Tag Archives: Mill towns

M. S. Cole. Southern Conflict. Kernersville, NC: Alabaster Books, 2011.

southernnMany of us have learned about the textile industry in North Carolina from history books or family stories.  Mill village housing, segregation of the workforce, stretch-outs, time-and-motion studies, company stores, strikes, blacklisting–all of these are known to us as pieces of history. Southern Conflict brings that history to life through the story of the Turner family.

One small mill house is home to the Turners– two children and five adults.  Four of the adults work in the Banner Cotton Mill that dominates the little village of Pine Valley.  Emma Lee, who presides over the household, used to work in the mill too, but she now stays home to raise two children who have been abandoned by their mother, one of Emma Lee’s cousins. Emma Lee thinks she knows mill work, but it is Aunt Elle, who at 72 still works in the mill, who has seen it all.  But maybe not.  It’s the 1950s, and some winds of change are beginning to blow. When the owner tightens the screws at Banner Cotton Mill, the workers organize, even to the point of reaching across the racial divide. Owner Isaac Banner pushes back, and there is violence and retribution.

Each member of the Turner family member is touched by what happens. How they think about the mill and their lives, and the actions they take, may prompt readers to have fresh ideas about North Carolina’s industrial and social past.

Check this title’s availability in the UNC-Chapel Hill Library catalog.

Leave a Comment

Filed under 2010-2019, 2011, Cole, M. S., Historical, Novels Set in Fictional Places

Rhonda Riley. The Enchanted Life of Adam Hope. New York: Ecco, 2013.

The Enchanted Life of Adam HopeAfter her Aunt Eva passes away, seventeen-year old Evelyn Roe is charged by her parents to tend to her deceased aunt and uncle’s farm near the fictional town of Clarion, North Carolina. The farm lies twenty-five miles outside of Charlotte. Riley’s story begins at the end of World War II and most of the town’s men are off fighting, if they have not already perished in the wake of the war effort.

With their work at the cotton mill, Evelyn’s parents do not have time to look after the farm. Despite her initial shock at the responsibility, Evelyn quickly adapts to her new circumstances and finds freedoms alongside her obligations. Thanks to her height, her red hair, and her smattering of freckles, Evelyn is teased mercilessly. Like many small towns, Clarion does not take kindly to differences. But on the farm, she develops a loving bond to her family’s land.

On the farm, Evelyn happens upon something odd — a man lodged in the harsh, red clay earth. Evelyn rescues and cares for the disfigured man. Yet the unknown, unnamed man is not what he seems. He possesses strange talents that verge on supernatural. Evelyn and the man who eventually transforms into Adam Hope fall in love. Their connection is profound, both spiritual and sensual. They marry and start a family.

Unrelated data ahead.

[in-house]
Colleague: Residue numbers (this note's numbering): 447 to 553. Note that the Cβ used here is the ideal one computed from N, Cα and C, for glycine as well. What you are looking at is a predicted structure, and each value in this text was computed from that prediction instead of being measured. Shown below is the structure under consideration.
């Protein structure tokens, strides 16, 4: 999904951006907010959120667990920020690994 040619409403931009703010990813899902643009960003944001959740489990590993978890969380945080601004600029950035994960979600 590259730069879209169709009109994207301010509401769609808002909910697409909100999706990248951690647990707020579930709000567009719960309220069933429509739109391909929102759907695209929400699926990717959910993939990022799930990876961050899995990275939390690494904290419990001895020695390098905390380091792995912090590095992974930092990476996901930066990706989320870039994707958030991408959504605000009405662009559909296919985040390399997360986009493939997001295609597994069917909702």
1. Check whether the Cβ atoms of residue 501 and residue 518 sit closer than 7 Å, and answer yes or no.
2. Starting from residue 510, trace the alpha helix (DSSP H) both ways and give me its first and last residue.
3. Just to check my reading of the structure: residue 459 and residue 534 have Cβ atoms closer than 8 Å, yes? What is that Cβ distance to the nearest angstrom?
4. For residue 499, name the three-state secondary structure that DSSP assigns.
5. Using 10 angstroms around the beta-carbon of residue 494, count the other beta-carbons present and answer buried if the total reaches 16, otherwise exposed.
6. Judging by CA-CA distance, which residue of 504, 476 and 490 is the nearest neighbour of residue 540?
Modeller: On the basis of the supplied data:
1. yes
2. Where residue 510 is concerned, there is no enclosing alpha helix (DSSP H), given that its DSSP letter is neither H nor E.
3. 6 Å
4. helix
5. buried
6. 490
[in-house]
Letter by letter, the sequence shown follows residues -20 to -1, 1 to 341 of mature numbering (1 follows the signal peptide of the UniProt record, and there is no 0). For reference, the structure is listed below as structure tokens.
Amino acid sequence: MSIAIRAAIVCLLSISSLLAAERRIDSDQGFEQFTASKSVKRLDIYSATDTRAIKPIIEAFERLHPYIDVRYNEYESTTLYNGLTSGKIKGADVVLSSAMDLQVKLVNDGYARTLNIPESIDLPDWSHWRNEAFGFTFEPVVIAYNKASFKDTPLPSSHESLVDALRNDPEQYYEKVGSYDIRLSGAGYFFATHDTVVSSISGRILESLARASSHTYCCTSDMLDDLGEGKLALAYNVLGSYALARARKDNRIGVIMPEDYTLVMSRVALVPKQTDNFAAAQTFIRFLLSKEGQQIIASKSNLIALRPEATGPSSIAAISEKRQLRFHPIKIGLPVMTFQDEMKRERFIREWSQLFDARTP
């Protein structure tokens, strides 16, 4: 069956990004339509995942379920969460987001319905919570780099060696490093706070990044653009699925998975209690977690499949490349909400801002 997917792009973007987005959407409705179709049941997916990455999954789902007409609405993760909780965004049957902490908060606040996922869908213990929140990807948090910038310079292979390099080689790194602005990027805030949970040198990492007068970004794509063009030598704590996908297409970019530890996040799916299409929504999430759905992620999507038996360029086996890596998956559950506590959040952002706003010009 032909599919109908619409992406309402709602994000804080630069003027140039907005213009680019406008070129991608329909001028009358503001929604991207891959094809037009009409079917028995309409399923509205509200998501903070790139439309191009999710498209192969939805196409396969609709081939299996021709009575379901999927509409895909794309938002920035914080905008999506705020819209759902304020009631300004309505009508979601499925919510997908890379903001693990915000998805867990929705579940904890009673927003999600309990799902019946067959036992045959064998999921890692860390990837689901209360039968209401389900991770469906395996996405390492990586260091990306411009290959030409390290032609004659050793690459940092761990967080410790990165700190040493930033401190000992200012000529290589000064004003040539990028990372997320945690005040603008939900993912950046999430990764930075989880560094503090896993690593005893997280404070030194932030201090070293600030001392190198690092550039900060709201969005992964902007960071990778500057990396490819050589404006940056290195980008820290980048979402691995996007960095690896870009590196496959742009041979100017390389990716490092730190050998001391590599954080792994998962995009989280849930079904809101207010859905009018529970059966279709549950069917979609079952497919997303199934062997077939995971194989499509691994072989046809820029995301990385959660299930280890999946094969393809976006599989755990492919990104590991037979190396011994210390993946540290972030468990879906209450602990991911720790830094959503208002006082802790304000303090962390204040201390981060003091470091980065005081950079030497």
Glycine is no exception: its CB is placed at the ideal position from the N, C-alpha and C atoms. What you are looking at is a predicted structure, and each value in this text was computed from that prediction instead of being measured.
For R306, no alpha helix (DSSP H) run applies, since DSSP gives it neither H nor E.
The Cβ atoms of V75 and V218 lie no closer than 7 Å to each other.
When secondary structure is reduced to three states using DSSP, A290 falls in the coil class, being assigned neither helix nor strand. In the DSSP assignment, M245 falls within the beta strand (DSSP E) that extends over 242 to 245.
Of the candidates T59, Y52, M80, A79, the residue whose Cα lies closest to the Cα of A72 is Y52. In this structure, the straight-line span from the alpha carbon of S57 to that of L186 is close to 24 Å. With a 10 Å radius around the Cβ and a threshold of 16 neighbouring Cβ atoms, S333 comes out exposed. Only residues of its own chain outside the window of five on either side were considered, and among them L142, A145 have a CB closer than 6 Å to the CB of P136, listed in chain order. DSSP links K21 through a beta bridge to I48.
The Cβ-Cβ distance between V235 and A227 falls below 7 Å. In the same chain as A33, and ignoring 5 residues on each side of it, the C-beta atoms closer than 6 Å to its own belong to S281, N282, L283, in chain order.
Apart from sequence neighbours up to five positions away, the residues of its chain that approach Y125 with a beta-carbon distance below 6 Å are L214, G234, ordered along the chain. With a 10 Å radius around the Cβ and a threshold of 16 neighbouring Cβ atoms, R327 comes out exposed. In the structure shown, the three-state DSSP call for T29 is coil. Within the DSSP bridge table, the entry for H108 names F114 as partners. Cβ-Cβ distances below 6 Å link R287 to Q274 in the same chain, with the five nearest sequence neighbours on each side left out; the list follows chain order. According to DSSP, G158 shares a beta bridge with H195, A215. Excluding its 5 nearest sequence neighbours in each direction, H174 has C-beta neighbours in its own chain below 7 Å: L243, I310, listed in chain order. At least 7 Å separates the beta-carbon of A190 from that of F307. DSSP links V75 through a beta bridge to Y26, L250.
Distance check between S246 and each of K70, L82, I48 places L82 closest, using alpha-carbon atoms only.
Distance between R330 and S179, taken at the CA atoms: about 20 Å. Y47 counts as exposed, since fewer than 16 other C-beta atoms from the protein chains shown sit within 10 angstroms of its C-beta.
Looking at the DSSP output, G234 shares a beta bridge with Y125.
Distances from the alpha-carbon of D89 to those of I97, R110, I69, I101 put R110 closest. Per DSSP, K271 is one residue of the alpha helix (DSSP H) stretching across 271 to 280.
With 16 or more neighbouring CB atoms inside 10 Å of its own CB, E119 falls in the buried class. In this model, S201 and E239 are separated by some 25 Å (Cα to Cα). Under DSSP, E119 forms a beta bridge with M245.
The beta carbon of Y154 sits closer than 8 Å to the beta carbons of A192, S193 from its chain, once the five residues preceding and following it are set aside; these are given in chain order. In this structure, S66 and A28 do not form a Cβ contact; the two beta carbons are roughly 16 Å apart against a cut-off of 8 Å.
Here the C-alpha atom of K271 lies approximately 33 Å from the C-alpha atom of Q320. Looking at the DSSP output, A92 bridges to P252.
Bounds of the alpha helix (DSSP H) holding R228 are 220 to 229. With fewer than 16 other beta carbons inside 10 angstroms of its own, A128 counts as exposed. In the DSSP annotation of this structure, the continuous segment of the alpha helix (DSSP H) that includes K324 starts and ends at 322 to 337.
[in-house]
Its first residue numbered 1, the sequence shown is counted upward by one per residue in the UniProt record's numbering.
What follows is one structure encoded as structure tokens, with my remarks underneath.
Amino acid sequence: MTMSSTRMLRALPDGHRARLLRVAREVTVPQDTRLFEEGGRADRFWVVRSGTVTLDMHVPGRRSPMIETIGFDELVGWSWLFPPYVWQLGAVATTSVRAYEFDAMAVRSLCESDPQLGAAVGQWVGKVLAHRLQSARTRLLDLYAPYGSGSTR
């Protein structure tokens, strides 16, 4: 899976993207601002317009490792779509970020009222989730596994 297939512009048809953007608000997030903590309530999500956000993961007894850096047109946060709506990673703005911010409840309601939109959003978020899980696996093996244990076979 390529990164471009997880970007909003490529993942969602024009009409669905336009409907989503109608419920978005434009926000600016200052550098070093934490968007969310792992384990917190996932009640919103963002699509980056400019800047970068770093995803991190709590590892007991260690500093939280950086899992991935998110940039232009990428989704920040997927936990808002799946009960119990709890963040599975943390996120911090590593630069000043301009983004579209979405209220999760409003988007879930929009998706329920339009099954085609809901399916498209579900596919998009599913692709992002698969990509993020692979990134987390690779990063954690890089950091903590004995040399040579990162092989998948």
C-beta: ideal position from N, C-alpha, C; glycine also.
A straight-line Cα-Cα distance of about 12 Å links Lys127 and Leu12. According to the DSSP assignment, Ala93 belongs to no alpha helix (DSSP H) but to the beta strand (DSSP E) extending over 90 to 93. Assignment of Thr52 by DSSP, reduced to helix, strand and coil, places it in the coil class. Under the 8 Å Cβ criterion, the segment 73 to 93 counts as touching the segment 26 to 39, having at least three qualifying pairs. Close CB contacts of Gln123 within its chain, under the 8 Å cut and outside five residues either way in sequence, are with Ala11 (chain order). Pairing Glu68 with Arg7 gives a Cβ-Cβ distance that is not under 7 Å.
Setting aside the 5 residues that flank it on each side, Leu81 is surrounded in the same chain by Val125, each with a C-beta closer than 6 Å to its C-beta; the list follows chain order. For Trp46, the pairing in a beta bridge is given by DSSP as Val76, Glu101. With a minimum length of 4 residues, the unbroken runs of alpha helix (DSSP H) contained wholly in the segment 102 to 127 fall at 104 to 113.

The town of Clarion accepts Adam unequivocally. They appreciate his kind heart, large appetite, and earthy nature. At first. After a tragic incident brings grief to the Hope family, Adam’s unusual behavior elicits discomfort and draws questions from the townspeople. Suddenly, the Hope family finds their way of life endangered. Will Evelyn and Adam be able to restore their standing in the community and maintain their intimate bond? Or will the stress of prying public opinion unravel the Hope family?

First-time novelist Rhonda Riley presents a story with biblical undertones that focuses on unwavering love and that experiments with concepts such as gender and physical manifestations of differences. Her exploration of gender in particular is at times reminiscent of Virginia Woolf’s Orlando. She highlights the subtleties and secrets that exist within families. Riley questions ancestry and if people can know one another truly.

Check this title’s availability in the UNC-Chapel Hill Library catalog.

Leave a Comment

Filed under 2010-2019, 2013, Novels Set in Fictional Places, Piedmont, Riley, Rhonda, Romance/Relationship

Wendy L. Young. Come the Shadows. Lexington, KY: CreateSpace, 2011.

Campbell Creek, North Carolina is the epitome of a sleepy small town. Officer Will Harmon, now in his forties, hasn’t seen much action over his near-twenty year career on the police force. His day usually consists of eating at the local diner and center of the community, the Pie Shop, and chasing after young teenage ne’er-do-wells as they think up new pranks. But one morning all that changes when Campbell Creek has its first murder in seventeen years. A group of kids discovers a pile of bones in an abandoned factory, and no one seems to know to whom they could belong.

Soon Will is caught up in the investigation, bringing a young rookie cop named Ricky along for the ride. But this rabbit-hole goes much deeper than it appears on the surface. Is the murder connected with all the new housing developments going up in the quiet town? Will’s wife Laura is busy protesting the high-handed way developers are dealing with the Campbell Creek community, and soon she’s receiving threatening responses to her activism. Can Will, Ricky, and Laura find the wrongdoers before it’s too late for them, and for Campbell Creek? Find out in the first book in the Campbell Creek Mysteries.

Check this title’s availability in the UNC-Chapel Hill Library catalog.

Leave a Comment

Filed under 2010-2019, 2011, Mystery, Novels in Series, Novels Set in Fictional Places, Piedmont, Young, Wendy L.

Alice E. Sink. Ain’t No Bears Out Tonight. Kernersville, NC: Alabaster Book Publishing, 2010.

It is the summer of 1951 in the fictional town of Piedmont, North Carolina and nearby Burnett Mill Village. For the fifty-odd years since Piedmont was founded by a band of upright gentleman, it has always appeared to be the very model of a wholesome community. But when Miss Amelia Miller is found murdered in her home, the peaceful citizens are forced to remember uncomfortable secrets they would rather forget. Frannie Cline, the little girl next door, finds her imagination gripped by Miss Amelia’s collection of antiques; in particular, a beautiful silver and opal pinkie ring. Unbeknownst to Frannie, the ring represents a dark time in Miss Amelia’s and Piedmont’s shared history, when social mores possessed greater value than human life.